The way to read a Trump book is to imagine he’s some important historical figure whose name you recognize, but with whom you don’t have any emotional associations. Louis XIV, Peter the Great, Enrico Dandolo, a Henry or Richard the Nth who didn’t get a Shakespeare play. You assume some people liked him (or he wouldn’t have been in charge); you assume some people hated him (you try keeping more than half the country happy), but you mostly want to know what happened. To render a popular bumper sticker twice as inclusive: nobody who was well-behaved ever made history.
So I tried to read it as if I don’t have an opinion on wars, taxes, health care, civility, immigration, or whatever else.
This turned out to be stupid and impossible — of course those biases matter. The difference between bold and reckless, between rakish and boorish, between charisma and demagoguery — it depends entirely on who you’re rooting for.
We’ll get a good Trump book some time in the next few decades, but it won’t use the name “Trump.” It’ll be set in Ming China or Renaissance Florence or an asteroid-mining colony. It’ll be written by a literary figure who, a few years hence, will suddenly shock everyone by registering as a Republican — a Mamet, Bellow, or Helprin.
Sims says very little about Trump that’s not already part of the story — yes, he’s obsessed with his media coverage (Sims is impressed with the volume of news he reads); sure, he makes impulsive decisions (many of which Sims decides were smart after all); and of course he’s surrounded by people he can’t trust (many of whom, coincidentally or not, are Sims’ internal rivals). The most striking detail to me was how much care Trump takes in his media presentation. In an older political system where legitimacy is based on forced, kings were expected to lead their forces into battle; now Presidents who derive legitimacy from popularity know what camera angle makes them look best.
The meat of the book is about the internal politicking at the White House. If I had to diagnose a root cause, it would be that Trump had some loyalists, but not enough to staff every job, so he hired people from the RNC. He basically put together the two subsets of the Republican party that most loathe each other, and asked them to work together. The closest parallel I can think of is when a company gets bought by a private equity sponsor: you have a small group of people in charge, who feel like they just won, and a lot of people reporting to them who wonder if they just lost. If Trump and Romney kept their views and personalities, but switched careers, we’d live in a very different world.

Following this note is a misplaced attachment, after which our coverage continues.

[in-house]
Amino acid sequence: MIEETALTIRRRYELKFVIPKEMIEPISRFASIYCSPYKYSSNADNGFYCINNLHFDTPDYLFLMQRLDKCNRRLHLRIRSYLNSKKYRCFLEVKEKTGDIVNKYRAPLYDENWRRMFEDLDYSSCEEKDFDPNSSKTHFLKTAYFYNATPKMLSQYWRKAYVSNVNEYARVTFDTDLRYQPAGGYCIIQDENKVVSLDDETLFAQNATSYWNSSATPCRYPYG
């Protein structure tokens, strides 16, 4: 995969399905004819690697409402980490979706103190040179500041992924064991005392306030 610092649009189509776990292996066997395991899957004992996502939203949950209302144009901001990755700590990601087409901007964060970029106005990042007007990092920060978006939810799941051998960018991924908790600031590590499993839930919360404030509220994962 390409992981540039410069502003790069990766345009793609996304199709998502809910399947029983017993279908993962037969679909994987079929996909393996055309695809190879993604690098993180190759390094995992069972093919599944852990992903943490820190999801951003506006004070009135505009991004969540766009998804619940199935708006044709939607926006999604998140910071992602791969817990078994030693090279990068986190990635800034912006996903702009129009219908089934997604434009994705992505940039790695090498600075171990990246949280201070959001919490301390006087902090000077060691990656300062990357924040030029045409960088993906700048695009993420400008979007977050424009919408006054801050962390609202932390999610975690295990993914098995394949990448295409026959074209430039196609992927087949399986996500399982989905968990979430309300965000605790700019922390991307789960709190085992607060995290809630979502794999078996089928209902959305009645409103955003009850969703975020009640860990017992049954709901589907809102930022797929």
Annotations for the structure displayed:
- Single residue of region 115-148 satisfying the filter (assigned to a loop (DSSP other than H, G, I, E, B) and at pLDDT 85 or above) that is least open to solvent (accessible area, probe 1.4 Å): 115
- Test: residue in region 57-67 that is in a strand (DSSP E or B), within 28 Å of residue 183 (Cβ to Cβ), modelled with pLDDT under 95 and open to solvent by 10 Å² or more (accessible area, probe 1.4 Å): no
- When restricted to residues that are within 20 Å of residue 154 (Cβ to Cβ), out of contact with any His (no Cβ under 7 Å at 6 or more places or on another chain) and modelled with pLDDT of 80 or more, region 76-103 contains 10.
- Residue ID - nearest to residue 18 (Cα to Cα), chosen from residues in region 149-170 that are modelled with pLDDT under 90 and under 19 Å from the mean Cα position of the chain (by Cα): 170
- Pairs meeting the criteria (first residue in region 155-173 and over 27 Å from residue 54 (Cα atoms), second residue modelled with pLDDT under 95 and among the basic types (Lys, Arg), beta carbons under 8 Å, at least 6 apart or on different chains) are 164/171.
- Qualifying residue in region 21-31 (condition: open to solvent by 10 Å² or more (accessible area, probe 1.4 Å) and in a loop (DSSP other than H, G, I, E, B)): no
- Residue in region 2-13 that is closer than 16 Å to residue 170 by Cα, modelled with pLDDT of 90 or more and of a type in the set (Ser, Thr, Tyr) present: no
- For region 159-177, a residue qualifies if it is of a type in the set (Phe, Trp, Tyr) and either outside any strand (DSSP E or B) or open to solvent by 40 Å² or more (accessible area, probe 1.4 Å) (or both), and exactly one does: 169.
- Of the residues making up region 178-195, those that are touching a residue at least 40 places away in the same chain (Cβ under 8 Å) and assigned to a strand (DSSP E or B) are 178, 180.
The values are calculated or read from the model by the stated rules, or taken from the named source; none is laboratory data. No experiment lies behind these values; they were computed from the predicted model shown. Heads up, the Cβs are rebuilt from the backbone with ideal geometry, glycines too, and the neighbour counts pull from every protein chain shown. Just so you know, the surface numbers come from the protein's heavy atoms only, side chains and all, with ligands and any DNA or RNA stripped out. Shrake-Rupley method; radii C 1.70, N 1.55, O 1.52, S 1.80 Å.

Within the Trump loyalist circle, there’s another division: the intellectuals and the operators. The intellectuals read a bunch of Machiavelli; the operators are the ones who were born to be Borgias. They both seem to understand each other. Operators recognize the intellectuals as just another egghead who will be easy to crack. The intellectuals hear about what Bannon or Conway did and say “That’s exactly like Agathocles of Syracuse!”
I changed my mind about very little after I read Team of Vipers, although I picked up some supporting anecdotes for my pet theories. Mostly, I came away from the book liking the author: Sims seems earnest, he has his beliefs, he ultimately took a big risk that didn’t pay off in quite the way he’d hoped, but he mostly kept track of what matters. Sims and I disagree on important matters of policy, but he sounds like a fun guy to argue with.
On the other hand, how reliable a narrator is he? “Everyone who made it into the Trump White House was a cruel sociopath (except me).” Well, that’s what a decent person would say, and that’s what a sociopath would say, so let’s consider our base rates and thus consider the possibility that Sims is a bad dude.
If he’s a bad guy, he’s probably lying at various points in the book, but that just means the genre’s wrong: it’s historical fiction set in an extremely recent part of history.
So Team of Vipers is a very indeterminate book. It’s not what it was sold as, but it was sold as something there’s a lot of demand for. The author might be a decent guy or the book might be his latest stiletto to the back of his rivals. Uncertain, outrageous, but ultimately hard not to like — it’s the perfect encapsulation of American politics in 2019.